For the next half century and more, that is exactly what Isozaki did. He started with buildings in his native Kyushu that stretched and opened up the grids and modules of the Modernism in which he had been trained into sinuous forms and expressive facades. He then moved on to Los Angeles, where he designed the Museum of Contemporary Art; Barcelona, where he contributed one of the main and most beautiful stadia to the 1992 Olympics; and from there to sites around the world. Along the way, Isozaki created buildings that were assemblies at the intersection of Japanese and Western influences, and of rationality and whimsy.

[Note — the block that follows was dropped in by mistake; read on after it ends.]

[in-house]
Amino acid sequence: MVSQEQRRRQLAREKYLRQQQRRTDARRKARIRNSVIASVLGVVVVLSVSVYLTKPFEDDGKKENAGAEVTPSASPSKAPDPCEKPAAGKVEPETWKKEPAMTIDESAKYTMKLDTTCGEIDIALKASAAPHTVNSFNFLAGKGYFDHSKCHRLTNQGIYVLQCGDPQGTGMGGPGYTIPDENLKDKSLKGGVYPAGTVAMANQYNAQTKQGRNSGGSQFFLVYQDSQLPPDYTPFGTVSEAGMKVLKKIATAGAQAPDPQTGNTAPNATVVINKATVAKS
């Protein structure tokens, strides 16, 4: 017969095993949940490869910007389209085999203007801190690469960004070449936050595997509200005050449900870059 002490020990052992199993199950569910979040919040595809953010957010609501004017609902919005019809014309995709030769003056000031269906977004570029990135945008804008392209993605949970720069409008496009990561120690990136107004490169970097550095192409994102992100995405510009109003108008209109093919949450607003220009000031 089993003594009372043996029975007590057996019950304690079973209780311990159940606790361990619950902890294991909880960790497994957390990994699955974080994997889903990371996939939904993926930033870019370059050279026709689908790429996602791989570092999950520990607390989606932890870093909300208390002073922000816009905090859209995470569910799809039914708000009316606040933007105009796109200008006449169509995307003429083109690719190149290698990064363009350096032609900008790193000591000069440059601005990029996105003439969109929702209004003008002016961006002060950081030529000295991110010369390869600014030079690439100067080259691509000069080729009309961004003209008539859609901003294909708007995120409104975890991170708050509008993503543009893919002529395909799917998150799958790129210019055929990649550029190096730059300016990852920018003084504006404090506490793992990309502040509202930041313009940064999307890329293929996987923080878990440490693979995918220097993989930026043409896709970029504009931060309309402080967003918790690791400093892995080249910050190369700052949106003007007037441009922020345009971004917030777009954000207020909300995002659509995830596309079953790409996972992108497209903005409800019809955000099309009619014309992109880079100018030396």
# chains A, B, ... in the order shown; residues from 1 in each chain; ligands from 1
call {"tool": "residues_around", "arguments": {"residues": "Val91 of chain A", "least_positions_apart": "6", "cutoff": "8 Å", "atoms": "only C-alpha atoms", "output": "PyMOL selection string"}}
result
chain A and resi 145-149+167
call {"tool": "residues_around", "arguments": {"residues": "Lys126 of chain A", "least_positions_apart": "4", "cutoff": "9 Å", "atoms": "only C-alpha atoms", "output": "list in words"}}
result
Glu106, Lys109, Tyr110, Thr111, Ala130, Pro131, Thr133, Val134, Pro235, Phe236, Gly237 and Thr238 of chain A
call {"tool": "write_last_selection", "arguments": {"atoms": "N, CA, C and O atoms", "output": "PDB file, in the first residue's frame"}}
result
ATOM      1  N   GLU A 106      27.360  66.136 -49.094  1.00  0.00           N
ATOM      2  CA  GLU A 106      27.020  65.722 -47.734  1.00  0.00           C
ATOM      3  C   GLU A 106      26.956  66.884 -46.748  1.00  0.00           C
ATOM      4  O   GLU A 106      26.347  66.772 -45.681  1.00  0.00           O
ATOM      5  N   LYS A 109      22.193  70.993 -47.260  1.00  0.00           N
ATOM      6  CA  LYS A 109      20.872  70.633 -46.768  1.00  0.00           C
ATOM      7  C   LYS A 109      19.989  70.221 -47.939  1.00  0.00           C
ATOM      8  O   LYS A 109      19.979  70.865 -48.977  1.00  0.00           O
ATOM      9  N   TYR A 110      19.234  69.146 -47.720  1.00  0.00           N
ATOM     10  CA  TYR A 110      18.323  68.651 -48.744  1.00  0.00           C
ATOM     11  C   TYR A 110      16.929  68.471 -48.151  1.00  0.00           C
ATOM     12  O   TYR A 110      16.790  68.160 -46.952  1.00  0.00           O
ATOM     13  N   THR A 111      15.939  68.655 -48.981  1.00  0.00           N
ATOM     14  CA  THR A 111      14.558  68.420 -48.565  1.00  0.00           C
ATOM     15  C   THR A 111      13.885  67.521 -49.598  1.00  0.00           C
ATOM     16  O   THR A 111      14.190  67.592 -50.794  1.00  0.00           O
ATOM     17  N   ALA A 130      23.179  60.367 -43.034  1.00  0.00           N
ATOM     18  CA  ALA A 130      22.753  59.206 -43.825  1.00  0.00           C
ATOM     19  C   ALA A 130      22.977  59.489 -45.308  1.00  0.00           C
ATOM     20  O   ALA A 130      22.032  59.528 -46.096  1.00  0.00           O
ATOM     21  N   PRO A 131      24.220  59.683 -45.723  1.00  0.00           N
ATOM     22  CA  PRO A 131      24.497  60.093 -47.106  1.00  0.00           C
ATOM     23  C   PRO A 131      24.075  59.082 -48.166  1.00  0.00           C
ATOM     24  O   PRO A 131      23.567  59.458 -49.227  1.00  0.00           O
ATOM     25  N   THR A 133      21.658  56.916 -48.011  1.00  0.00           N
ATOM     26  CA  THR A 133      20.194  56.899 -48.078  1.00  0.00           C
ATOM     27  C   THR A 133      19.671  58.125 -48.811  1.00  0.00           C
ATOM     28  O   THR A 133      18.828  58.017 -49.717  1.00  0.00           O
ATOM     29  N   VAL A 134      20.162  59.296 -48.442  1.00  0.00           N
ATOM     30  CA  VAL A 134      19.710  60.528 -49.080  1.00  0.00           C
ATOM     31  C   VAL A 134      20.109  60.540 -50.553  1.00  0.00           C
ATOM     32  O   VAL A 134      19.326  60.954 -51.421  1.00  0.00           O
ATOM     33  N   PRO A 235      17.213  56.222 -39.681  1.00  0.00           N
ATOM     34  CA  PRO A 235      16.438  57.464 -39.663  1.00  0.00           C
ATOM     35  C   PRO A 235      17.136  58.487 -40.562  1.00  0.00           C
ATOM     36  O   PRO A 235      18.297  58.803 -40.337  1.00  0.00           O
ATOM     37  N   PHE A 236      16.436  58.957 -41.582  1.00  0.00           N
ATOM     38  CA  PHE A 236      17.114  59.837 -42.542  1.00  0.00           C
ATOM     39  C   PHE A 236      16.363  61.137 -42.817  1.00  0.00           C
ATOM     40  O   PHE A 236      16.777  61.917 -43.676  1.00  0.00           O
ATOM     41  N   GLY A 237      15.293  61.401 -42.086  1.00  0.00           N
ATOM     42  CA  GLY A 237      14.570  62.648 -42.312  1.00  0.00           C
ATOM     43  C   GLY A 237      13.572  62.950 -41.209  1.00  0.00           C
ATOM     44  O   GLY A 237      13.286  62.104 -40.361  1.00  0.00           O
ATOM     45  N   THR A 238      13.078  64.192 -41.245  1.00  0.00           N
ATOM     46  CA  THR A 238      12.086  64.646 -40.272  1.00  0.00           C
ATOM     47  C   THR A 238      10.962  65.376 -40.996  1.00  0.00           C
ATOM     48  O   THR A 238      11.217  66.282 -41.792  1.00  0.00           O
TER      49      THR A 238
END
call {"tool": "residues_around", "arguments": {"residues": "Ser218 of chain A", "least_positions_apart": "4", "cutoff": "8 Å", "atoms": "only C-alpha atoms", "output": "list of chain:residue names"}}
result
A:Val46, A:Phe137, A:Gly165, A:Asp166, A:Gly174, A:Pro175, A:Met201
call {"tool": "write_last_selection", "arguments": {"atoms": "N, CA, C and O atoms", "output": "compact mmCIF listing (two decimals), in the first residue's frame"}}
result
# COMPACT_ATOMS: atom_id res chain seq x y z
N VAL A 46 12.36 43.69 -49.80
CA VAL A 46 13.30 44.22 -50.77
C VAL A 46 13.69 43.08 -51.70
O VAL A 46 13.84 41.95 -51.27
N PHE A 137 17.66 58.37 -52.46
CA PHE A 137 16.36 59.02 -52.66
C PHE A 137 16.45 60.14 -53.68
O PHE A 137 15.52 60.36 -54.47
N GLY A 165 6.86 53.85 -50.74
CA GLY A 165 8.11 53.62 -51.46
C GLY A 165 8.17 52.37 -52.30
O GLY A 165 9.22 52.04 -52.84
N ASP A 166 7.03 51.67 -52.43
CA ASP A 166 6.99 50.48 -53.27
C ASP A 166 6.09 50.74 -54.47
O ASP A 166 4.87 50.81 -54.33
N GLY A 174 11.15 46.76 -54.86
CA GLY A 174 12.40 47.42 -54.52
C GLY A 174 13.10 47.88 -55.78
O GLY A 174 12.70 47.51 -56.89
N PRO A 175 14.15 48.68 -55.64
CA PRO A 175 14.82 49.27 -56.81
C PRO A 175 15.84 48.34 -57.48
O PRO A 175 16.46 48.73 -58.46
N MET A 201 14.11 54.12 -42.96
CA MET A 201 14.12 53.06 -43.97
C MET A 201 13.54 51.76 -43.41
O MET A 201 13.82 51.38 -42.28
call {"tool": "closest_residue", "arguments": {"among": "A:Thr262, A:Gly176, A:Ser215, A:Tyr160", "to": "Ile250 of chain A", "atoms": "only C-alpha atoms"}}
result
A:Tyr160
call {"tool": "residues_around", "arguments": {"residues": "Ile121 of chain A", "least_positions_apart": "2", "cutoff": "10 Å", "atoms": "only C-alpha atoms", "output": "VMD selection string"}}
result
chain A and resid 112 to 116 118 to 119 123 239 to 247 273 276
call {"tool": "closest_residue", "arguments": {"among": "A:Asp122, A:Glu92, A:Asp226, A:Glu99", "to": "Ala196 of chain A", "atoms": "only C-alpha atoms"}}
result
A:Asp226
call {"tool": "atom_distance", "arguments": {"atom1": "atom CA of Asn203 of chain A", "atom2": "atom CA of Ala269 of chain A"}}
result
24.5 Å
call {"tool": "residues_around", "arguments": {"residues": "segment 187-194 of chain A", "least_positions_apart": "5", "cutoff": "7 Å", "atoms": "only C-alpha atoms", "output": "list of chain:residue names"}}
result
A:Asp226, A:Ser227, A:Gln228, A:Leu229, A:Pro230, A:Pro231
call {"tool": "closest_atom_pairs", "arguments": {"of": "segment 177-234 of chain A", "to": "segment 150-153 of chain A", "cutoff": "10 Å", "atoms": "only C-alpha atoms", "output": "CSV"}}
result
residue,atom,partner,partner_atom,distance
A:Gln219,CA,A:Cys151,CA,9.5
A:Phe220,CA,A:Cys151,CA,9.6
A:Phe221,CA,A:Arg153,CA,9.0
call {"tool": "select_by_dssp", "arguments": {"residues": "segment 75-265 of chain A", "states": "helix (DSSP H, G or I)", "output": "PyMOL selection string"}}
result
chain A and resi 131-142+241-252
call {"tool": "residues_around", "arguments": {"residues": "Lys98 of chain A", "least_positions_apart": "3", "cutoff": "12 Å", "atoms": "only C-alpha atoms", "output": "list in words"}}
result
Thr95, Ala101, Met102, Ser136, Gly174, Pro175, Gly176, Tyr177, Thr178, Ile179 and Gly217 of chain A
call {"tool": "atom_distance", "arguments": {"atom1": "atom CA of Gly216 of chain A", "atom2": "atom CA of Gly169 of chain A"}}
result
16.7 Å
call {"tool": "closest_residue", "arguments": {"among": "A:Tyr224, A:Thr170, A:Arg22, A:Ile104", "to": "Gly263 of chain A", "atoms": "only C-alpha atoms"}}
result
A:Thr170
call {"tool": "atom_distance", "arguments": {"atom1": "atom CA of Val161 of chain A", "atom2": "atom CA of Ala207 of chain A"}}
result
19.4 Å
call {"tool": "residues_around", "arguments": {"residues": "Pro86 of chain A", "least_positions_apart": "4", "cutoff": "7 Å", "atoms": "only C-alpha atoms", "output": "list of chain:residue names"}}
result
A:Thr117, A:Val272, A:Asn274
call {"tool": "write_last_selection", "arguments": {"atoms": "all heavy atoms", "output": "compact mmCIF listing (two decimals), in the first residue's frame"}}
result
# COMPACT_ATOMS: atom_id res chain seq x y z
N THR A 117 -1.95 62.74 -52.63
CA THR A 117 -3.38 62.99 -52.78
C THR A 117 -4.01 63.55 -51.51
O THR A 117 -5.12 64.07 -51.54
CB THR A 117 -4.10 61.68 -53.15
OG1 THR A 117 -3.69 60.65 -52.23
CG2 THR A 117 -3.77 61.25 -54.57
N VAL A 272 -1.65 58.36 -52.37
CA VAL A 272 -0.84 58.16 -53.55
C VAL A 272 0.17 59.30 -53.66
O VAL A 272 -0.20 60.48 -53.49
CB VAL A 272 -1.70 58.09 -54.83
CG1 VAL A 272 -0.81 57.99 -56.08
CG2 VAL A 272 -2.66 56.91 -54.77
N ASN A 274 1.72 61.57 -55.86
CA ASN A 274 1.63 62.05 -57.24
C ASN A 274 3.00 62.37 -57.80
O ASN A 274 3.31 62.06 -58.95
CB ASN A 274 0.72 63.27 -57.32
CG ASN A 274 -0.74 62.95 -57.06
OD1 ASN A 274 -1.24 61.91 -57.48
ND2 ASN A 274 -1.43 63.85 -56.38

Not all of his buildings were successful, either in terms of spaces they provided or the effectiveness of the images he produced. I remember walking Philip Johnson around MOCA. When we reached the last exhibition space, he turned to me and asked, “So, we have seen all the corridors; where are the galleries?” That lack of focus or clarity, however, was also a choice Isozaki made. His structures were rarely either majestic or monumental, and the architect cared little about how well they were built. He saw them as questions, challenges, or temporary conflations of different ideas. He designed a golf club in Japan that, when you saw it from above, looked like a question mark because he did not understand the logic of the outrageously expensive sport. For the center of Tsukuba, the Science City outside of Tokyo that was meant to represent the country’s high-tech future, he designed buildings he then depicted in publications as ruins.